Sounds like a waste of download for a start.
Imagine if the user was on a metered connection and paying for the wasted megabytes....
Tuesday 2nd June 2020 16:39 GMT karlkarl
Probably so it could show the stupid error message and try to tempt the user to migrate to Windows 10 (or just make us feel bad that the extended support isn't available to us mere plebs).
Check it out:
I particularly like the section "Known issues in this update"
Tuesday 2nd June 2020 16:43 GMT Robert Carnegie
I'm not an expert but I suspect that some Windows updates don't get along well with other updates. Ideally they'd queue up nicely like supermarket customers during the coronavirus pandemic, but nevertheless some may trip up over each other and require a second try. There are definite issues if you do your patching by hand, that Patch 29 actually reverses Patch 11 (these numbers are not real) and it's even possible that they don't know that. In such a case, hopefully Windows Update knows to run Patch 29 before Patch 11 - or to run Patch 11 after Patch 29 even if Patch 11 was run already - and to sort the thing out. Or if not, Patch 37 ought to come along as a replacement for both of the others.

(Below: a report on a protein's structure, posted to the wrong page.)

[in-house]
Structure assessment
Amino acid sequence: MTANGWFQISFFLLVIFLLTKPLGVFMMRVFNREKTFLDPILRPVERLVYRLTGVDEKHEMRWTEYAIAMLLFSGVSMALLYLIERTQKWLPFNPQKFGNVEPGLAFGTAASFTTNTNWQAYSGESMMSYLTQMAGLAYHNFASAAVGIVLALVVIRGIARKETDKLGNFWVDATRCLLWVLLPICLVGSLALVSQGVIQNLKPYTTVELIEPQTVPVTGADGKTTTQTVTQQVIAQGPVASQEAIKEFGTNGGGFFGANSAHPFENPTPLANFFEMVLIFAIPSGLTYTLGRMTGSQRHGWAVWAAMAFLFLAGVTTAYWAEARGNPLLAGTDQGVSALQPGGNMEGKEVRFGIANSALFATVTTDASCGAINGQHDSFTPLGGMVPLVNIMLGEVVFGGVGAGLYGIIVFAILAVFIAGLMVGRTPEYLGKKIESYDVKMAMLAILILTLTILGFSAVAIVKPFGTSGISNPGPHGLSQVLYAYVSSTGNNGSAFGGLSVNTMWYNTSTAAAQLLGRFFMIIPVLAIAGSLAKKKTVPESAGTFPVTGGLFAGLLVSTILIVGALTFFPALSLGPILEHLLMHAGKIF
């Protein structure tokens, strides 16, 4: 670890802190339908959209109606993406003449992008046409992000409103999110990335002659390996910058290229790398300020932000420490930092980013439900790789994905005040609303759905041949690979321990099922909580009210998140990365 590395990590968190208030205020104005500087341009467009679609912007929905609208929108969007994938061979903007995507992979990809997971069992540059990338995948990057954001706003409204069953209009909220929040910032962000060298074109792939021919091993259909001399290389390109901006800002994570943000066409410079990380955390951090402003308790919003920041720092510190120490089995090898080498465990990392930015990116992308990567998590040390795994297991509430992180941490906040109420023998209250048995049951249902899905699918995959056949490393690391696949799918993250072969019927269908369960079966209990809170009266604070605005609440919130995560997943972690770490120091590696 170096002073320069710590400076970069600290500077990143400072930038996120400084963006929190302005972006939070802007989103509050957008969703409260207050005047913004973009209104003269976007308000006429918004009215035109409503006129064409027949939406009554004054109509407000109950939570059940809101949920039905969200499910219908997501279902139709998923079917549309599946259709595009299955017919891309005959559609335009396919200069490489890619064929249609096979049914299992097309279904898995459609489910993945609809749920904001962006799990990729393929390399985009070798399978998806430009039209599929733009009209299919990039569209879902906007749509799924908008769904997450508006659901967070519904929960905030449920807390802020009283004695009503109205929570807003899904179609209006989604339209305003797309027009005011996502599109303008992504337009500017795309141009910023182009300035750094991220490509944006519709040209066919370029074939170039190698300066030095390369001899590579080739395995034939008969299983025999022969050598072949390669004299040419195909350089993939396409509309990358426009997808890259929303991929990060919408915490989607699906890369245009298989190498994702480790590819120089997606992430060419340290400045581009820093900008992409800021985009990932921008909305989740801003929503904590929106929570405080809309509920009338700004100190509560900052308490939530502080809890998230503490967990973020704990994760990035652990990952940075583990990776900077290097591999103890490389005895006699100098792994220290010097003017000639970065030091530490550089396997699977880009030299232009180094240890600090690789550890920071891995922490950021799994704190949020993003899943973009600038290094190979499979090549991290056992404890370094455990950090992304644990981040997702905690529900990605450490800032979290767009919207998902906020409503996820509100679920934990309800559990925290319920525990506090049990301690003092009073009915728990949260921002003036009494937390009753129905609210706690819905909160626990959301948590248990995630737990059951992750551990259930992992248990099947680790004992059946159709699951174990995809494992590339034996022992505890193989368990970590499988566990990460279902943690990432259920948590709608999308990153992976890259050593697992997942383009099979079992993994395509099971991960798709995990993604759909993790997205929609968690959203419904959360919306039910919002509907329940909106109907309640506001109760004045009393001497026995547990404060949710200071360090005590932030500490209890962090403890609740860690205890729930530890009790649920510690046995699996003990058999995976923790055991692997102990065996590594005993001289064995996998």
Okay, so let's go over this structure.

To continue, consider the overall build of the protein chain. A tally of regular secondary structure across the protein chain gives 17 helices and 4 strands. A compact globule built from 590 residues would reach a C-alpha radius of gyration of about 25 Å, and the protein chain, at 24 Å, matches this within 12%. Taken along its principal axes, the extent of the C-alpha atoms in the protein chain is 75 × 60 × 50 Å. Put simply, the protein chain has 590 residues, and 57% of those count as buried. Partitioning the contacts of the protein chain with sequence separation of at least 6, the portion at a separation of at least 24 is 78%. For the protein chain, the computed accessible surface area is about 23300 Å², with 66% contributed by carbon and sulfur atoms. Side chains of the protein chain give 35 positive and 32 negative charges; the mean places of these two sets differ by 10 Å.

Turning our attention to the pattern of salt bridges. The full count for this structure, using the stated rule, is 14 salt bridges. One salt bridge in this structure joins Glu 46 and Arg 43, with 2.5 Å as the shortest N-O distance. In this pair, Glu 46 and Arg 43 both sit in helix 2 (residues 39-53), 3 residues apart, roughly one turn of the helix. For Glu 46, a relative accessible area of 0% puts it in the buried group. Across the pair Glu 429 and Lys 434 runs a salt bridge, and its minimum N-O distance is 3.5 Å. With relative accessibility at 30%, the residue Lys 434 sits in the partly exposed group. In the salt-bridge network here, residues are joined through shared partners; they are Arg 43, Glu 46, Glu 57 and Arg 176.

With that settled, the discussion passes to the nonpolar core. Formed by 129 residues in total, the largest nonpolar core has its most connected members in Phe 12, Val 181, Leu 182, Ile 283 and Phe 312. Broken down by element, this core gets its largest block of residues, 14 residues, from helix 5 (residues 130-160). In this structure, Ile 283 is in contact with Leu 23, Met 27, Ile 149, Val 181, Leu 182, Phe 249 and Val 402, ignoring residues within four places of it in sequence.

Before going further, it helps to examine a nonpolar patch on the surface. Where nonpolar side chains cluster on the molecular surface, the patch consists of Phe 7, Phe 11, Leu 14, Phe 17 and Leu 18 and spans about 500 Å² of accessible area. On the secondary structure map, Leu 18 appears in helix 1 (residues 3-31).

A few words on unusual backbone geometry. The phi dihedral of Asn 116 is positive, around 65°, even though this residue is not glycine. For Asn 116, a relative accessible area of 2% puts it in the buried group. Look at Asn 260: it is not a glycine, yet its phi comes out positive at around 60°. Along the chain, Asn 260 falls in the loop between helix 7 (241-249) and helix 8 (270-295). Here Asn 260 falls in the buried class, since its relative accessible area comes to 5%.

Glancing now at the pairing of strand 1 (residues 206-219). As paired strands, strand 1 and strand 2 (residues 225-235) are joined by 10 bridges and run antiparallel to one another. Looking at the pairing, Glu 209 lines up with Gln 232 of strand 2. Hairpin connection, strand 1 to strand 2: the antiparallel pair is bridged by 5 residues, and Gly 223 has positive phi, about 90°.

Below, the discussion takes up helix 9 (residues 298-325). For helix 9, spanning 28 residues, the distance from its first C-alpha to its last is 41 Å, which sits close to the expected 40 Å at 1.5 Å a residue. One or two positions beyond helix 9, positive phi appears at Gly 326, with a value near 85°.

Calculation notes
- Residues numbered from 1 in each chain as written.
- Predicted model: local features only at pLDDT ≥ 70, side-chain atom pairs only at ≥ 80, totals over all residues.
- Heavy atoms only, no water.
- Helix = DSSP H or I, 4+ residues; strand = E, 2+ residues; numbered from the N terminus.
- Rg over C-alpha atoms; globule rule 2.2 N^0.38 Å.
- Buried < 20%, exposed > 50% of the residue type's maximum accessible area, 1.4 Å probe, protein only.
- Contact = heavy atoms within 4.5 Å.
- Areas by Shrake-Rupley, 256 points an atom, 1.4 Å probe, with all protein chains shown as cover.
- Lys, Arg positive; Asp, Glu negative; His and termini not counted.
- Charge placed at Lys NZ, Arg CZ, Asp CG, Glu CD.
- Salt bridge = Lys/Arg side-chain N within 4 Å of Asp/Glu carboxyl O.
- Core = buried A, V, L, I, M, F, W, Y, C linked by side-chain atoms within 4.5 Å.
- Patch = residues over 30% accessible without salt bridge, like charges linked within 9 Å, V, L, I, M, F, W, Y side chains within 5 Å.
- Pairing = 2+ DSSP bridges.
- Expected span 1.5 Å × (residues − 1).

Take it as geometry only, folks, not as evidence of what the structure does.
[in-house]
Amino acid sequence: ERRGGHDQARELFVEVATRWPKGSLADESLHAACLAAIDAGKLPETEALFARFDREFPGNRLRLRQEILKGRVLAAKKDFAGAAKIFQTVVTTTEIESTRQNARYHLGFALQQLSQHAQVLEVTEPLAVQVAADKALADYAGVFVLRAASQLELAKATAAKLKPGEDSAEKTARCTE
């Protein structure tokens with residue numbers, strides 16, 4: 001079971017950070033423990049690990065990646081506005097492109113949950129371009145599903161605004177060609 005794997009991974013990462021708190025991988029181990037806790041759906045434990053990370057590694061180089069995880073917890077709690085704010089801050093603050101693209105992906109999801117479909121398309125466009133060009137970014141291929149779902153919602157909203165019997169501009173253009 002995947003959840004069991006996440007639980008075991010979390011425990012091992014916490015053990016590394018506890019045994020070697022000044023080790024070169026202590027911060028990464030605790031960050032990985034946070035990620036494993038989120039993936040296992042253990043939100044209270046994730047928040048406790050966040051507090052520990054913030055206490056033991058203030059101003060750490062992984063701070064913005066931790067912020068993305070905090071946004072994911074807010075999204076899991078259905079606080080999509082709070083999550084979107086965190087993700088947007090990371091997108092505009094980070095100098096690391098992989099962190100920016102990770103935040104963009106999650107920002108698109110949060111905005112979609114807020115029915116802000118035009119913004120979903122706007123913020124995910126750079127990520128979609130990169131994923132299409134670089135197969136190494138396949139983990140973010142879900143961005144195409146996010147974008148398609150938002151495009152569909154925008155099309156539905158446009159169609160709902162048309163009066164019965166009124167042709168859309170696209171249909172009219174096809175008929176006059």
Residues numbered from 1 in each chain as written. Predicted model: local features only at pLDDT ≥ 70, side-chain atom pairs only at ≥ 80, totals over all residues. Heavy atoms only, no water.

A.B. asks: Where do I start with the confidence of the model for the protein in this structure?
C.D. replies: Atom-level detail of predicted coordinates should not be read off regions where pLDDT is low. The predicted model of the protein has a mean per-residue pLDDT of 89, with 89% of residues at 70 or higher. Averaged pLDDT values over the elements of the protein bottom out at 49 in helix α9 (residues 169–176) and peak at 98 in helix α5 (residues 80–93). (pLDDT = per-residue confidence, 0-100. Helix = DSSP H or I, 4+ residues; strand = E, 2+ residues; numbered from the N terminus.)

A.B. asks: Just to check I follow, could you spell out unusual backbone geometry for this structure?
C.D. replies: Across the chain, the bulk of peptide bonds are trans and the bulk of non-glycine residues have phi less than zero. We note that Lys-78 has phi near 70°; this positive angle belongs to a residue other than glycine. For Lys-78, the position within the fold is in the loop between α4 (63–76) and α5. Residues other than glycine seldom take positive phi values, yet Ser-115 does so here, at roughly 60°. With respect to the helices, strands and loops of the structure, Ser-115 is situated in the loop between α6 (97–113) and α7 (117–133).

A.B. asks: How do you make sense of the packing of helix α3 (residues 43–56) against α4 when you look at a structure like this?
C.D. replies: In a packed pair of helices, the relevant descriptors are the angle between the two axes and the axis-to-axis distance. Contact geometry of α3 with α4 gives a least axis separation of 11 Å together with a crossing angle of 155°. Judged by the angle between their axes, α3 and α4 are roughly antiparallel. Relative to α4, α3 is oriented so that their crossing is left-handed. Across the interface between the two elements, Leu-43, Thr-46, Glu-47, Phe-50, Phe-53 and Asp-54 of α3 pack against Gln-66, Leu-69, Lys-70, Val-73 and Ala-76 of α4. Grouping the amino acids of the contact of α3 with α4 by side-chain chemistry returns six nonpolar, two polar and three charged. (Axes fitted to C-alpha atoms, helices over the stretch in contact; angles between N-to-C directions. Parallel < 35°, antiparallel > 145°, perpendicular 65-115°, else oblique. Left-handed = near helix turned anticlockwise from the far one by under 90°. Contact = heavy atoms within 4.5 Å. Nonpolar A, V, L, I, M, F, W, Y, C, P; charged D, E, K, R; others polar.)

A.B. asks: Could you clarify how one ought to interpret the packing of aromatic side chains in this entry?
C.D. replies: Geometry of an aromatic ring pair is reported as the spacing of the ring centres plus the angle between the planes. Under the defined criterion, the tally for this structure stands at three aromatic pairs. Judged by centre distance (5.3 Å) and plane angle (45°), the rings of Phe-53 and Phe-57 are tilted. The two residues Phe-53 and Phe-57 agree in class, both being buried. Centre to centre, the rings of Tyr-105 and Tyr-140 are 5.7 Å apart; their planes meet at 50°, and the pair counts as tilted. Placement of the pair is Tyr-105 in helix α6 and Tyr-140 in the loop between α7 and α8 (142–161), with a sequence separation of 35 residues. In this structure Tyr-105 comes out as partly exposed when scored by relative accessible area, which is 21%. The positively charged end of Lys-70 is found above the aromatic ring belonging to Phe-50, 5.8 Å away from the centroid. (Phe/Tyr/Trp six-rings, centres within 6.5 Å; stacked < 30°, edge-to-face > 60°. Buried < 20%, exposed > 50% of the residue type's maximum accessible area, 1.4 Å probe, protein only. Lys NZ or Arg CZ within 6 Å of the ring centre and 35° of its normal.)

Wednesday 3rd June 2020 03:56 GMT UBF
If you start from a 10-year old Win7 CD and try to update it, or if you are servicing a PC that had updates disabled for a long time, the process is likely going to get stuck around the March 2019 updates. Then you need the April 2019 Servicing Stack Update (KB3177467) to unclog the update process. This is a well-known issue that happened before and forced Microsoft to release the Convenience Rollup Update KB3125574, which essentially was a SP2 (500MB!). This is why you need to search for streamlined recent ISOs of Win7 (which MS never did) and the most certain way to find them is in the dark alleys of the net (just use your own legal serial number). However, after all these years of using and supporting Win7, I've never witnessed the catastrophic failures users of Win10 experience. That's why I personally consider Win10 not a mature product yet, and keep it away from me and my clients as much as possible.
Thursday 4th June 2020 08:26 GMT anonymous boring coward
"This is why you need to search for streamlined recent ISOs of Win7 (which MS never did) and the most certain way to find them is in the dark alleys of the net (just use your own legal serial number)."
MS has forced people to do this kind of thing, which is like saying "take your chances with whatever you can find out there -we don't care what infections you might get".